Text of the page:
Organize Your Home For ‘Back To School’
By now, kids have pretty much settled in to the new school year.
But have parents settled in to the daily grind?
Erika Gentner, who owns a Scottsdale, Ariz.-based professional organizing business, says a lot of moms will soon find out.
"Usually, it's after (their kids) go back to school because they realize, 'My house is in shambles,' " says Gentner, who owns Dependable Divas (dependable-divas.com) with her mother, Kerry Rehberg.
Having a house ready for the back-to-school crunch makes everyone's life a little easier. But professional organizers say convenience is only one perk. Being organized also teaches your kids valuable skills.
"That's probably one of my Number 1 goals as a parent, to teach them to be organized and responsible," says Gentner, adding that September and November are especially busy months for her business.
Here are ways to get your family ready for fall:
1. Leave extra time. Parents need to rework their schedules to leave time for the inevitable last-minute morning dramas. "The more organized you are as a parent, the easier it is to get your kid out of the house in the morning," says Carolyn Woods, owner of Tidy Tikes Household Organizing in Gilbert, Ariz. Just like the kids, put your clothes out the night before and make sure you have time to help them.
2. Master the calendar. A master calendar, preferably an erasable whiteboard calendar, in a prominent location is a must. Gentner color-codes hers, assigning each person a pen color. Pottery Barn sells the Cadillac of master calendars, a modular "Daily System" set. The magnetic whiteboard calendar costs $54, but the whole system offers everything from a phone-recharging station to a matching linen bulletin board. Woods tells clients to keep a magazine holder nearby for the school calendar, the kids' sports schedules and other print-outs of important dates. She also suggests having a bulletin board nearby to organize odd-size items such as invitations, and a supply of Post-It notes.
3. Create a hub. Kids need a place to stash their backpacks and important papers after school. Gentner recommends assigning one area for backpacks alongside baskets for each child and parent. The baskets work as "in and out" boxes. Kids can leave their permission slips in their parents' boxes for review, and parents can put them back in the kids' boxes after they're signed.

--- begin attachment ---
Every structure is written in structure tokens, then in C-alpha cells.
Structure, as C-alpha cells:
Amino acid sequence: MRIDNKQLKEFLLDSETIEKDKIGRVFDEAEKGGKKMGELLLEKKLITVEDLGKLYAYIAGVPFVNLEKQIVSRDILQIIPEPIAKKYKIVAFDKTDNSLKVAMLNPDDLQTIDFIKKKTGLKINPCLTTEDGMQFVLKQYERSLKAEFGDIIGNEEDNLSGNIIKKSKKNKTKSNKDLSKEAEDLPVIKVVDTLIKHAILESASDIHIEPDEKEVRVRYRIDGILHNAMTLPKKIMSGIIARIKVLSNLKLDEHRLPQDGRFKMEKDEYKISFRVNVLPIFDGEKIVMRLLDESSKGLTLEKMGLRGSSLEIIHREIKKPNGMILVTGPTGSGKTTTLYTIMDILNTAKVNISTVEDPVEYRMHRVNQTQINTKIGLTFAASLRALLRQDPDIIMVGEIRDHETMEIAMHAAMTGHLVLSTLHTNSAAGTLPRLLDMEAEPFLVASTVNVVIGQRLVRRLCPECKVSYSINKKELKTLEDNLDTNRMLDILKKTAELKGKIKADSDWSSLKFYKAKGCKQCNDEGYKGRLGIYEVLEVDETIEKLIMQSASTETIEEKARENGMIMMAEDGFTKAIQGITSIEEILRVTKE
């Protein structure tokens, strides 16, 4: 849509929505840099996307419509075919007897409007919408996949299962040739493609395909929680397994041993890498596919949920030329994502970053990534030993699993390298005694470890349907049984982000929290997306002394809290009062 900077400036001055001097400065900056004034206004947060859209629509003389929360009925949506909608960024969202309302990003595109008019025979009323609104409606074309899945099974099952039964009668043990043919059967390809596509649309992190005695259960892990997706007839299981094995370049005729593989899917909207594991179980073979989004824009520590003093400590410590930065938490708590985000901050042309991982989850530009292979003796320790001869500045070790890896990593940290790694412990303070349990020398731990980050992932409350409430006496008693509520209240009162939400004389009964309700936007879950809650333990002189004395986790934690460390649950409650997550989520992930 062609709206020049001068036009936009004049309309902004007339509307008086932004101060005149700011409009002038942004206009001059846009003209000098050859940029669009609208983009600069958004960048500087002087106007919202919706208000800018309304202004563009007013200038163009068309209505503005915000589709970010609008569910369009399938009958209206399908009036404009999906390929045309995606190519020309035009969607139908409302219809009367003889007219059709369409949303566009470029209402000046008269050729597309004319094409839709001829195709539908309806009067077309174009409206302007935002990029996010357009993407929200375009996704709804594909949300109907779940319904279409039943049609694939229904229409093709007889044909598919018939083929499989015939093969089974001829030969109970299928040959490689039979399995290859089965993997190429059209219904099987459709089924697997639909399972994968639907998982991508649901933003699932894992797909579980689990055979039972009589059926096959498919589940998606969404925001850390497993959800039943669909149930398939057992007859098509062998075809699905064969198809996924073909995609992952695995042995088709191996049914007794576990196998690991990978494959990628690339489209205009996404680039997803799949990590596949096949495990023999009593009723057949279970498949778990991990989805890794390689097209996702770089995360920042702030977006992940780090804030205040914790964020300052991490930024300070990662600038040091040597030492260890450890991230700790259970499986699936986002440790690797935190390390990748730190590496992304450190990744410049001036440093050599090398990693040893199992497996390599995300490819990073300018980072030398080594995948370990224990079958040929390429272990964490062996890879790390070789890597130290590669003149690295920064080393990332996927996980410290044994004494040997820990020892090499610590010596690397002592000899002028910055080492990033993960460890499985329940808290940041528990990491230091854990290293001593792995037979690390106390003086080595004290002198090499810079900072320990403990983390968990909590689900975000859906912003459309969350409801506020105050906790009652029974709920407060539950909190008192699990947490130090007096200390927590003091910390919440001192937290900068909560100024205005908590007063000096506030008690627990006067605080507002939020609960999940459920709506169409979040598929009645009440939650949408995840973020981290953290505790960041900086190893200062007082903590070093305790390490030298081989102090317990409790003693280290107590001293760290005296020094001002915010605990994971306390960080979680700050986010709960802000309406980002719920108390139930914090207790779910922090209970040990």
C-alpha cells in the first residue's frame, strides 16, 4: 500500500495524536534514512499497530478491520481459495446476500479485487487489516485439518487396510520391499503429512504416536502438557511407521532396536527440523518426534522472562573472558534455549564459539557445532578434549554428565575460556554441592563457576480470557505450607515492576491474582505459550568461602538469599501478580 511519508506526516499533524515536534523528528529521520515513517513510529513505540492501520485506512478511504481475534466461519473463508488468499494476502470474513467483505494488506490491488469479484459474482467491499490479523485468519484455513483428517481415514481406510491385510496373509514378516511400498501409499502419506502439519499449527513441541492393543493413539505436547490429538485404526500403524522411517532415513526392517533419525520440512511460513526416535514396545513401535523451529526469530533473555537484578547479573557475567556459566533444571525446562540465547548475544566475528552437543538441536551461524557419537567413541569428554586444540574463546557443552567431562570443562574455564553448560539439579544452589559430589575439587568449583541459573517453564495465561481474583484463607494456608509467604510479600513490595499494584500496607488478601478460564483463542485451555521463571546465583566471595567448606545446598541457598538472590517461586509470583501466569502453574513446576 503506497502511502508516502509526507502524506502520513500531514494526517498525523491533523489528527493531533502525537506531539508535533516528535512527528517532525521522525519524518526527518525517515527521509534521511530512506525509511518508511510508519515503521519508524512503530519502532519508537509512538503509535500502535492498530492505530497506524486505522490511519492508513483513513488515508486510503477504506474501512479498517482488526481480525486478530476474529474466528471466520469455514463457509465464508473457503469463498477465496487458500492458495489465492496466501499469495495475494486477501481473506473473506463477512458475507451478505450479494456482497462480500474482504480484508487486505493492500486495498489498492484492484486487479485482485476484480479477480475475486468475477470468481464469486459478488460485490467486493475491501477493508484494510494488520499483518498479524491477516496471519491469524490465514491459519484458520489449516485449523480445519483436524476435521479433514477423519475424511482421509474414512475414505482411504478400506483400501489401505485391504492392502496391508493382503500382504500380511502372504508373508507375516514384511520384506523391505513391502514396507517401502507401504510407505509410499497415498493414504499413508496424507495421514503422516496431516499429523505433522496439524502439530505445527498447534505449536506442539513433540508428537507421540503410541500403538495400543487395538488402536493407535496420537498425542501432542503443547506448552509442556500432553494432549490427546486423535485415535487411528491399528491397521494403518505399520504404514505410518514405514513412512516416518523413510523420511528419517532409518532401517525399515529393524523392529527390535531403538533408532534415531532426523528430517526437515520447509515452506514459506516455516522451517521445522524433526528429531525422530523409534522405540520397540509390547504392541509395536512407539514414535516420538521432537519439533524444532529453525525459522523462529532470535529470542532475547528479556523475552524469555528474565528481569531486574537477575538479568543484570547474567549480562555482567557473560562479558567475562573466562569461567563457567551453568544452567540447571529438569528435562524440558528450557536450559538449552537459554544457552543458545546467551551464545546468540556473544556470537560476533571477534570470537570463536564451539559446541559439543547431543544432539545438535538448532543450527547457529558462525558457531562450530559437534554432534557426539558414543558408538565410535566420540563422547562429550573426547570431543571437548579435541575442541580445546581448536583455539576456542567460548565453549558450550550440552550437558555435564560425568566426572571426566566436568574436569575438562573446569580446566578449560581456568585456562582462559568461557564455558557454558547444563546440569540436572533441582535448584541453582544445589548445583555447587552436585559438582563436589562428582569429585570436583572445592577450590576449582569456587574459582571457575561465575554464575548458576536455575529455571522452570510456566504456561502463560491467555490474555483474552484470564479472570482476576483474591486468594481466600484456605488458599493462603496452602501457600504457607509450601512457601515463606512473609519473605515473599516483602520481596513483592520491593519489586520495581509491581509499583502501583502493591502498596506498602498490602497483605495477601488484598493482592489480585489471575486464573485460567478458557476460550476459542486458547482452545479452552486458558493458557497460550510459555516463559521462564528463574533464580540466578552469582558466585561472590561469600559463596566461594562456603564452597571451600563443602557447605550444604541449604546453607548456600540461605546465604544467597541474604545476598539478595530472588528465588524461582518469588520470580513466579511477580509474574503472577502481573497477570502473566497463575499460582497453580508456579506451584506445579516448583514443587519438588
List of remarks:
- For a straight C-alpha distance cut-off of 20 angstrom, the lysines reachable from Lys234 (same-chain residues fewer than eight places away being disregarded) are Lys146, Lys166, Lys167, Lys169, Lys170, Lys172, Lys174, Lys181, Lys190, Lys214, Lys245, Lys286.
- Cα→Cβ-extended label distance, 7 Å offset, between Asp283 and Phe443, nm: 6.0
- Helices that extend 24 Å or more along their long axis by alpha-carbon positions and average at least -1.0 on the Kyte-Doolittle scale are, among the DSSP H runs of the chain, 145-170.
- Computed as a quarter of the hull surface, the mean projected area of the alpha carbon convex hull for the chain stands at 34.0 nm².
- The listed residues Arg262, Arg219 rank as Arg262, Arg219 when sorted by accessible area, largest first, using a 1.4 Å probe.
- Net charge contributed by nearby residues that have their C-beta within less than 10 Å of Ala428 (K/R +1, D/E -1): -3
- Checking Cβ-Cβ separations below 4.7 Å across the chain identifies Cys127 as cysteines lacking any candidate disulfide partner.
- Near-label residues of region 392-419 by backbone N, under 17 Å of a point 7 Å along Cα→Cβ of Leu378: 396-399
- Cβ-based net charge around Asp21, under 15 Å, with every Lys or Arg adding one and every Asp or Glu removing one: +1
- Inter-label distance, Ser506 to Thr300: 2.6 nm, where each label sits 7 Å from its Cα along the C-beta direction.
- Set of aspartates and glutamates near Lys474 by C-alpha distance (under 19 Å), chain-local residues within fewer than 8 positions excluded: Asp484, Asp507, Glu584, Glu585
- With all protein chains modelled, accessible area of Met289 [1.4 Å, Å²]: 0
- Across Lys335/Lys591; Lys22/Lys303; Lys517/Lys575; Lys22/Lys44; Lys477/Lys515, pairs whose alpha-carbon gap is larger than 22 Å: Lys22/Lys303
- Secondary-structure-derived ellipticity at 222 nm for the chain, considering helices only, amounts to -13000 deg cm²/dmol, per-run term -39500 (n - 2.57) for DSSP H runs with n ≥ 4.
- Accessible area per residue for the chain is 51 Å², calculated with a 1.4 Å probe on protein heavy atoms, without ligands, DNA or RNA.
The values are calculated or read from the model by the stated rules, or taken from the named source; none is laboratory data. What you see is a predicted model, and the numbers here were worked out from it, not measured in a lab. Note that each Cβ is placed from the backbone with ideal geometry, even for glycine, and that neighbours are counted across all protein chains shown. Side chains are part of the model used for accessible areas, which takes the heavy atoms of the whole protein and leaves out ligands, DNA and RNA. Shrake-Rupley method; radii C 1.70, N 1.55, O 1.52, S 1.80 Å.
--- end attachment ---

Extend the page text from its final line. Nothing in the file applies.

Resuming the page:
4. Remember lunch money. It can be hard to keep track of school-lunch payments, especially for more than one child or school. This online tool may help: When you register at mylunchmoney.com, you can schedule one-time or repeat payments, check your child's lunch balance and get reminders when your account is low. Make lunches the night before and keep a supply of healthful after-school snacks, such as fruit with dip, in the refrigerator.
"Get them ready as much as possible on Sunday, so when they come home from school, they're not eating junk food," Gentner says.
5. Schedule appointments. Check the calendar for fall and winter breaks to make dentist appointments. Woods suggests designating a trigger date as a reminder. "Tie it to some other event in your mental calendar," she says. "I always have my dentist appointments near my birthday."
6. Track progress. Find out if your child's teacher or school makes his or her grades available through a Web site such as snapgrades.net. The service keeps parents up-to-date about their children's progress in a way that's faster and more detailed than quarterly progress reports. The site is password-protected and encrypted, and it can be checked on an iPhone.
7. Store artwork. Gentner says one of her clients came up with a novel way to store her children's artwork for the year: pizza boxes. Stash all those odd-size art projects in them. Periodically, or at the end of the year, take digital photos of all the art, then save only the best in an artists' portfolio. Woods also takes a digital photo of a few special homework papers and creates a photo book for her child to remember each grade. Shutterfly.com, snapfish.com, mypublisher.com and blurb.com are easy-to-use Web sites for creating personalized photo books.